John tells Christians that we must not deny that we are sinners, but if we confess our sins, God will be true to His promise and “…forgive us our sins” (1 John 1:8). To confess is to “say with,” that is, to agree with God. But what if I do or say something inadvertently? What if I do something without realizing that I sin? Haven’t we all done things like that? How can I confess if I do not know I have sinned?
Very few Christians consciously, purposely enter into sin. Sin slips up on us – takes us by surprise. We blunder into it. We slip up or trip. We “miss the mark.” And sometimes – sometimes – we do things without ever realizing we have done them – a wrong thought or attitude, an unguarded word that hurts someone. Sometimes that thing may never be called to our attention by others. It may never dawn on us that we have sinned. We are like David, who in Psalm 19:12 asks, “Who can discern his errors?”
We are merely human. We would have to have perfect knowledge of all the possible ways we could be wrong. We would have to have perfect knowledge of our hearts and perfect understanding of all our motivations – the psychological workings of our inner mind. Most of us are not given to that kind of introspection.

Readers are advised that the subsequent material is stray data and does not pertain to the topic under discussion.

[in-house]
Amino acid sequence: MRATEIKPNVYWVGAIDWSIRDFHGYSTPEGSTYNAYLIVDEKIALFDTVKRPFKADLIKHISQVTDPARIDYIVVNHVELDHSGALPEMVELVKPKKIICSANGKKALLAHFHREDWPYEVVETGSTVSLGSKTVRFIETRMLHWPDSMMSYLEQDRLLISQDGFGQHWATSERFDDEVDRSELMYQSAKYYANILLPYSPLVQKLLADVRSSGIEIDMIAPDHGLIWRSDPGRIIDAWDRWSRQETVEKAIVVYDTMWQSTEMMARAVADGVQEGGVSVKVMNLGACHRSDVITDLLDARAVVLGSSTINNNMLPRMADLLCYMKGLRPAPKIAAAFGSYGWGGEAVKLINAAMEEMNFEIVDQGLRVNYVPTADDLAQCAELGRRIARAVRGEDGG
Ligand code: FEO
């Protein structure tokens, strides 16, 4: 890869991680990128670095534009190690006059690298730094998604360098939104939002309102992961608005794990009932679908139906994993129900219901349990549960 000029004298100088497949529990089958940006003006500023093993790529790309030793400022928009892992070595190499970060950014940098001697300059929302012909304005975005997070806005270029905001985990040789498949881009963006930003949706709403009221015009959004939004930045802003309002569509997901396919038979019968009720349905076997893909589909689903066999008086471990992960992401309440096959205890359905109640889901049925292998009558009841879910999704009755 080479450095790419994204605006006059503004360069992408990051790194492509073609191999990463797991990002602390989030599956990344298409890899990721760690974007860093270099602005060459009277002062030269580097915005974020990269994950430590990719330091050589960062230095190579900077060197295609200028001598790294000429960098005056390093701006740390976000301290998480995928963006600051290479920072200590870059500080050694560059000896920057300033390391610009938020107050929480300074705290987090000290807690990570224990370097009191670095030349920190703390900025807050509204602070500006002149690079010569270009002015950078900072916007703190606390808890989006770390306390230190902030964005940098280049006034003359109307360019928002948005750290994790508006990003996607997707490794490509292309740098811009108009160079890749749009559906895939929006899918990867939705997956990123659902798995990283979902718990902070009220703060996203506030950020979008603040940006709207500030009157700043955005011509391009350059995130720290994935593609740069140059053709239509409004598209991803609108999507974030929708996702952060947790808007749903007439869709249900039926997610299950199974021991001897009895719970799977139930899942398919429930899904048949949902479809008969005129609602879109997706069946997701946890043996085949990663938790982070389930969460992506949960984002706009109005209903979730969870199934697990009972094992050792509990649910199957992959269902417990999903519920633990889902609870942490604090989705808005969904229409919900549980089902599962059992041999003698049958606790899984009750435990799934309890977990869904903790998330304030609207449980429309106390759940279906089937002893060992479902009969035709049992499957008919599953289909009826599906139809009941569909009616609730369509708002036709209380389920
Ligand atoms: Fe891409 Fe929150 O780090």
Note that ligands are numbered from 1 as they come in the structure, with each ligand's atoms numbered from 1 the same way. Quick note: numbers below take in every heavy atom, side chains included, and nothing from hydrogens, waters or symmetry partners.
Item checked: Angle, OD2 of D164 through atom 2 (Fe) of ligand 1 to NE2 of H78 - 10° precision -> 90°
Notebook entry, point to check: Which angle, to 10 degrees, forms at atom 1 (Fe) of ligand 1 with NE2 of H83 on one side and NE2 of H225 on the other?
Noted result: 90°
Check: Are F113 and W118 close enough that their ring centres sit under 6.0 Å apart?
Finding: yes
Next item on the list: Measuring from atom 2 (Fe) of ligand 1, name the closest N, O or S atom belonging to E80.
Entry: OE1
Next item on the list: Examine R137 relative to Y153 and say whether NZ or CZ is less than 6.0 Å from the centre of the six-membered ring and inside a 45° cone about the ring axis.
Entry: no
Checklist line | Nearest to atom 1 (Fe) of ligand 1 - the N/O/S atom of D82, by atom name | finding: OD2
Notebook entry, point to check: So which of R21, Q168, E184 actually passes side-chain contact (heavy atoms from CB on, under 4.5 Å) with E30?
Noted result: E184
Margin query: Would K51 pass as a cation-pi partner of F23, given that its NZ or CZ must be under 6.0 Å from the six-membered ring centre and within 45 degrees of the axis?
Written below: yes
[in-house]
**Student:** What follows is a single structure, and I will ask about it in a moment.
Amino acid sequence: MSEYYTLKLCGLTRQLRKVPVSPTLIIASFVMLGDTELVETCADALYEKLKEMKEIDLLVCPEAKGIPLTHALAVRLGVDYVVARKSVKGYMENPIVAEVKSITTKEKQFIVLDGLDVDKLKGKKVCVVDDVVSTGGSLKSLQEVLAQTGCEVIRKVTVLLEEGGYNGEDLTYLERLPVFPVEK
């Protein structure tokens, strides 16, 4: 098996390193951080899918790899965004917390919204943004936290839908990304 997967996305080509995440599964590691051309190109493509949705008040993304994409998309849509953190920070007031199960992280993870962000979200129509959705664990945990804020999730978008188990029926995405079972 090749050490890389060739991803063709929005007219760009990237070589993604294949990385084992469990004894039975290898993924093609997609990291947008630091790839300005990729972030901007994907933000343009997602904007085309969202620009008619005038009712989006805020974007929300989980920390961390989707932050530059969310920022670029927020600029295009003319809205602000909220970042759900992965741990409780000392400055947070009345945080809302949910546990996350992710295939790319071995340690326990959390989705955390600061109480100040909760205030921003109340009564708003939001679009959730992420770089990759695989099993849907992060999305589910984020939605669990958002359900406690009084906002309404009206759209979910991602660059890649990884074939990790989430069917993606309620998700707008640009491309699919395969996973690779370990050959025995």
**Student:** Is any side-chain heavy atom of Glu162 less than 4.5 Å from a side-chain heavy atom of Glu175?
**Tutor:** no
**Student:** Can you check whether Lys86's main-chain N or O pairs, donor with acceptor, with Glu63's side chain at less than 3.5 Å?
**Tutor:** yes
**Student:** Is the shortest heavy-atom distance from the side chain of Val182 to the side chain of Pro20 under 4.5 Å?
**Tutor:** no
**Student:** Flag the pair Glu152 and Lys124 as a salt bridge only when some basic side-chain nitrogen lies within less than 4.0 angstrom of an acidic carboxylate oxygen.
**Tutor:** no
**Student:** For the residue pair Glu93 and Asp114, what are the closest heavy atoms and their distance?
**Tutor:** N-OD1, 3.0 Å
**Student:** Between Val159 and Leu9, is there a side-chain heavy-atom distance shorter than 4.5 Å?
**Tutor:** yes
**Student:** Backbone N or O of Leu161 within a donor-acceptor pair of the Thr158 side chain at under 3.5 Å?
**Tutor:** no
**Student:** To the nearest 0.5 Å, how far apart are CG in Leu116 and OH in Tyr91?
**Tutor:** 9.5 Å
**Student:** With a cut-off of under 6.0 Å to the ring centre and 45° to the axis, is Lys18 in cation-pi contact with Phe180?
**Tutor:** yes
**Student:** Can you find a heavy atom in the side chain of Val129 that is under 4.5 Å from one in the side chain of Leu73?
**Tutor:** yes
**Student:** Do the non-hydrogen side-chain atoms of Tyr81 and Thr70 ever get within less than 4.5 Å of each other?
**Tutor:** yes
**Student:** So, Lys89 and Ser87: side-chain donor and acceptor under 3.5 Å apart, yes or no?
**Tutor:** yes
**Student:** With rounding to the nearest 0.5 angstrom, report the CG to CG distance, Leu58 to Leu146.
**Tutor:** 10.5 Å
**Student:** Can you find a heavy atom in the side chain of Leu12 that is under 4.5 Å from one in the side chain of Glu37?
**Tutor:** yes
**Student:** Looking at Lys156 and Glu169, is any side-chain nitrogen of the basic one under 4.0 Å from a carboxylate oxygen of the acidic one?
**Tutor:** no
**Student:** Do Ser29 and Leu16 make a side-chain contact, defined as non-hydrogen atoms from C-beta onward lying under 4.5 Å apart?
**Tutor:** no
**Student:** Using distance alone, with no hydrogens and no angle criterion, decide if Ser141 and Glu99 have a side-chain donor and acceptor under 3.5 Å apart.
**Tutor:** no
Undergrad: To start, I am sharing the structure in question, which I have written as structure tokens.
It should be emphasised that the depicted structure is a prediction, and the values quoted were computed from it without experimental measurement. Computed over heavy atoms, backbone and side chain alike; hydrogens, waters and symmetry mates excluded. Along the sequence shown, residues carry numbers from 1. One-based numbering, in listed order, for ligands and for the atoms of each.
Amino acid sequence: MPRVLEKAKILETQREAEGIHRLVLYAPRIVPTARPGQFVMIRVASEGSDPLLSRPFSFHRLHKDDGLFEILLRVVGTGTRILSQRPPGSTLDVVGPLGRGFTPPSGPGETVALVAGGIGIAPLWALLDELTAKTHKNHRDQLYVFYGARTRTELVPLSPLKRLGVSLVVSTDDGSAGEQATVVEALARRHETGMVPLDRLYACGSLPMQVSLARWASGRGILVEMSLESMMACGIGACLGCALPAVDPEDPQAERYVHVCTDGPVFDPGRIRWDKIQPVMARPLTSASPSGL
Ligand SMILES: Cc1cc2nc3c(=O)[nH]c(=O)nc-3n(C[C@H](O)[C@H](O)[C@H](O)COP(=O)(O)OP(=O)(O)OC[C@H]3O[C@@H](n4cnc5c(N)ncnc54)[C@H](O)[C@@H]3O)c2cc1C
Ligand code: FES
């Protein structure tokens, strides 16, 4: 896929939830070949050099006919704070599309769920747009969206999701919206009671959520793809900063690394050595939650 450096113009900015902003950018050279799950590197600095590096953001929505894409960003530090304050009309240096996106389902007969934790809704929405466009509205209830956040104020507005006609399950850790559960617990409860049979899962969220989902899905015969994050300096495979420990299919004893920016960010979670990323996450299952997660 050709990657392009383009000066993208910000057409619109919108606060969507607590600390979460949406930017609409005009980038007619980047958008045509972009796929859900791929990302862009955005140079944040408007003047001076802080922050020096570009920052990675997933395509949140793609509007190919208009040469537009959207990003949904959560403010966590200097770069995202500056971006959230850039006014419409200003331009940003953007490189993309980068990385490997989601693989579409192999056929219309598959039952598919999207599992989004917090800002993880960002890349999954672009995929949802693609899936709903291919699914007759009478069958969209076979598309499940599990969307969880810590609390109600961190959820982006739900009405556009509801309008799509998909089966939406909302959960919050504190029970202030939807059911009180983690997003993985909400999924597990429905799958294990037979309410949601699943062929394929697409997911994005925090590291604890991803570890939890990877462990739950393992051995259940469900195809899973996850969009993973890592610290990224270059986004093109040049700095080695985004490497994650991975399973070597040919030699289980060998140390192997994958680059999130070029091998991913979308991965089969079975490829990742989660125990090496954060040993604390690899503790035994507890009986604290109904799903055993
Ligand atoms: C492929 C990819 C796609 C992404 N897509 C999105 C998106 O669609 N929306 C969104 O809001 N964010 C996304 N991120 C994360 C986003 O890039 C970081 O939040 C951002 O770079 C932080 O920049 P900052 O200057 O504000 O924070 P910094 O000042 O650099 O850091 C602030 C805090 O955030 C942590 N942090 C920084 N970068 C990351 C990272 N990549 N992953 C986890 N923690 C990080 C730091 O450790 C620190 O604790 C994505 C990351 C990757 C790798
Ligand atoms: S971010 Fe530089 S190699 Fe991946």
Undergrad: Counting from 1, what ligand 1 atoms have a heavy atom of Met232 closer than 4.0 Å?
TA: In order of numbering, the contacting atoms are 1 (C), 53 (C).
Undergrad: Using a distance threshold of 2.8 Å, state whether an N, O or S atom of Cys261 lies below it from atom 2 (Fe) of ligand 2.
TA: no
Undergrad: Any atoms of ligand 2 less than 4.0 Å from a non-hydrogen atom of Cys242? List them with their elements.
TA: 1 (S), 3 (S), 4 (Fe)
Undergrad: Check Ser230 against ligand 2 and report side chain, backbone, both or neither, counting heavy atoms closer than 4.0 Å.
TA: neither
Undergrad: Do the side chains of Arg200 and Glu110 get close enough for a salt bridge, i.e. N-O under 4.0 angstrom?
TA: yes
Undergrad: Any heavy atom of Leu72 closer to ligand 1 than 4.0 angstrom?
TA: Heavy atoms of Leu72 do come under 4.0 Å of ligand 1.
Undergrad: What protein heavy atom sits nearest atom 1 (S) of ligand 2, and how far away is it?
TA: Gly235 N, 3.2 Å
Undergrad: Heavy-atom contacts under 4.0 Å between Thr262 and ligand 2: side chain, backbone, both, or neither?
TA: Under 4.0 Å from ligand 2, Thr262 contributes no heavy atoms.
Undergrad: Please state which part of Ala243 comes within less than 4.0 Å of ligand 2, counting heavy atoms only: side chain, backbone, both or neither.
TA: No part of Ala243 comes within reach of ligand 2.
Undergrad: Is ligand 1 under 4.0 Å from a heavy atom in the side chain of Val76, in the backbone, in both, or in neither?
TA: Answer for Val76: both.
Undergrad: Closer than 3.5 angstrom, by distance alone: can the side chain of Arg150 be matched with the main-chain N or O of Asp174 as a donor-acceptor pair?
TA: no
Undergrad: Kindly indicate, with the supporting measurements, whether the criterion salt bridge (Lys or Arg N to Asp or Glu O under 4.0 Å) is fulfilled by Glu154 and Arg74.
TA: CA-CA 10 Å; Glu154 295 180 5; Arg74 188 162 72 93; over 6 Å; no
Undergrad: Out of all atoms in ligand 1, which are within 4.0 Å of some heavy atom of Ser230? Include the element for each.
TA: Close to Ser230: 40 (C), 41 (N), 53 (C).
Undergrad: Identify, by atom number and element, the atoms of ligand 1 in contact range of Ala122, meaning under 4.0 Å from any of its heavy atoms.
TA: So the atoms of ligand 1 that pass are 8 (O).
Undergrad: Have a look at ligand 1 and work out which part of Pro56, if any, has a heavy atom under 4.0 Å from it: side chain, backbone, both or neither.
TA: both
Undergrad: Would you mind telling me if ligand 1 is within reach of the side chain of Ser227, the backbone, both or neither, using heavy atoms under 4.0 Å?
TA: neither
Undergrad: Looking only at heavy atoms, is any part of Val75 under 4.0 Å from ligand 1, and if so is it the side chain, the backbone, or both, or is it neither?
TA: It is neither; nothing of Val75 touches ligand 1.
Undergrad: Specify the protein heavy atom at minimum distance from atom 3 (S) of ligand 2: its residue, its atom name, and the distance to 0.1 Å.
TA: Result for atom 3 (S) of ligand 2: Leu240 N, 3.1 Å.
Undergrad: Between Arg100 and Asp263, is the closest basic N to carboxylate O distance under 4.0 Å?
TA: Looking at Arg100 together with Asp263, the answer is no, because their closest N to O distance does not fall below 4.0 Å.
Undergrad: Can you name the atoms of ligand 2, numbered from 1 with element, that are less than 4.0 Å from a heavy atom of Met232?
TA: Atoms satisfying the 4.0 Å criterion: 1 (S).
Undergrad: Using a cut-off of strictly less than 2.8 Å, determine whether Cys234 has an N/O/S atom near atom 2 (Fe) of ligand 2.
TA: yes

In the “Prayer of Moses,” (Psalm 90:8), we are reminded that, no matter what they are, no matter whether they are known to us or not, all our sins are known to God, even those unrecognized by us or which we have hidden from others …
“You have set our iniquities before you,
our secret sins in the light of your presence.”
How can we confess what we do not know? We can’t, can we? So, are we lost because we can never confess? Of course not! While we may never be able to identify all the specific ways in which we do wrong, we can still rely on the promise of God, that if we confess our sins, “he is faithful and just to forgive us our sins and to cleanse us from all unrighteousness.”
We can appeal to God in the way David did in the above quoted Psalm (19:2). The last part of that verse says… “Declare me innocent from hidden faults.” David was recognizing that he was a sinner. He was acknowledging his dependence on God’s forgiveness of even the things he had done of which he had not been aware. That is the attitude God expects us to maintain in our lives.
So, let’s “say with” God … “I am a sinner.” As long as we deny our sin, we say that God is lying about us when He says that we sin. If we agree with Him, He will “…cleanse us from all unrighteousness.” Let God be true! I am a sinner!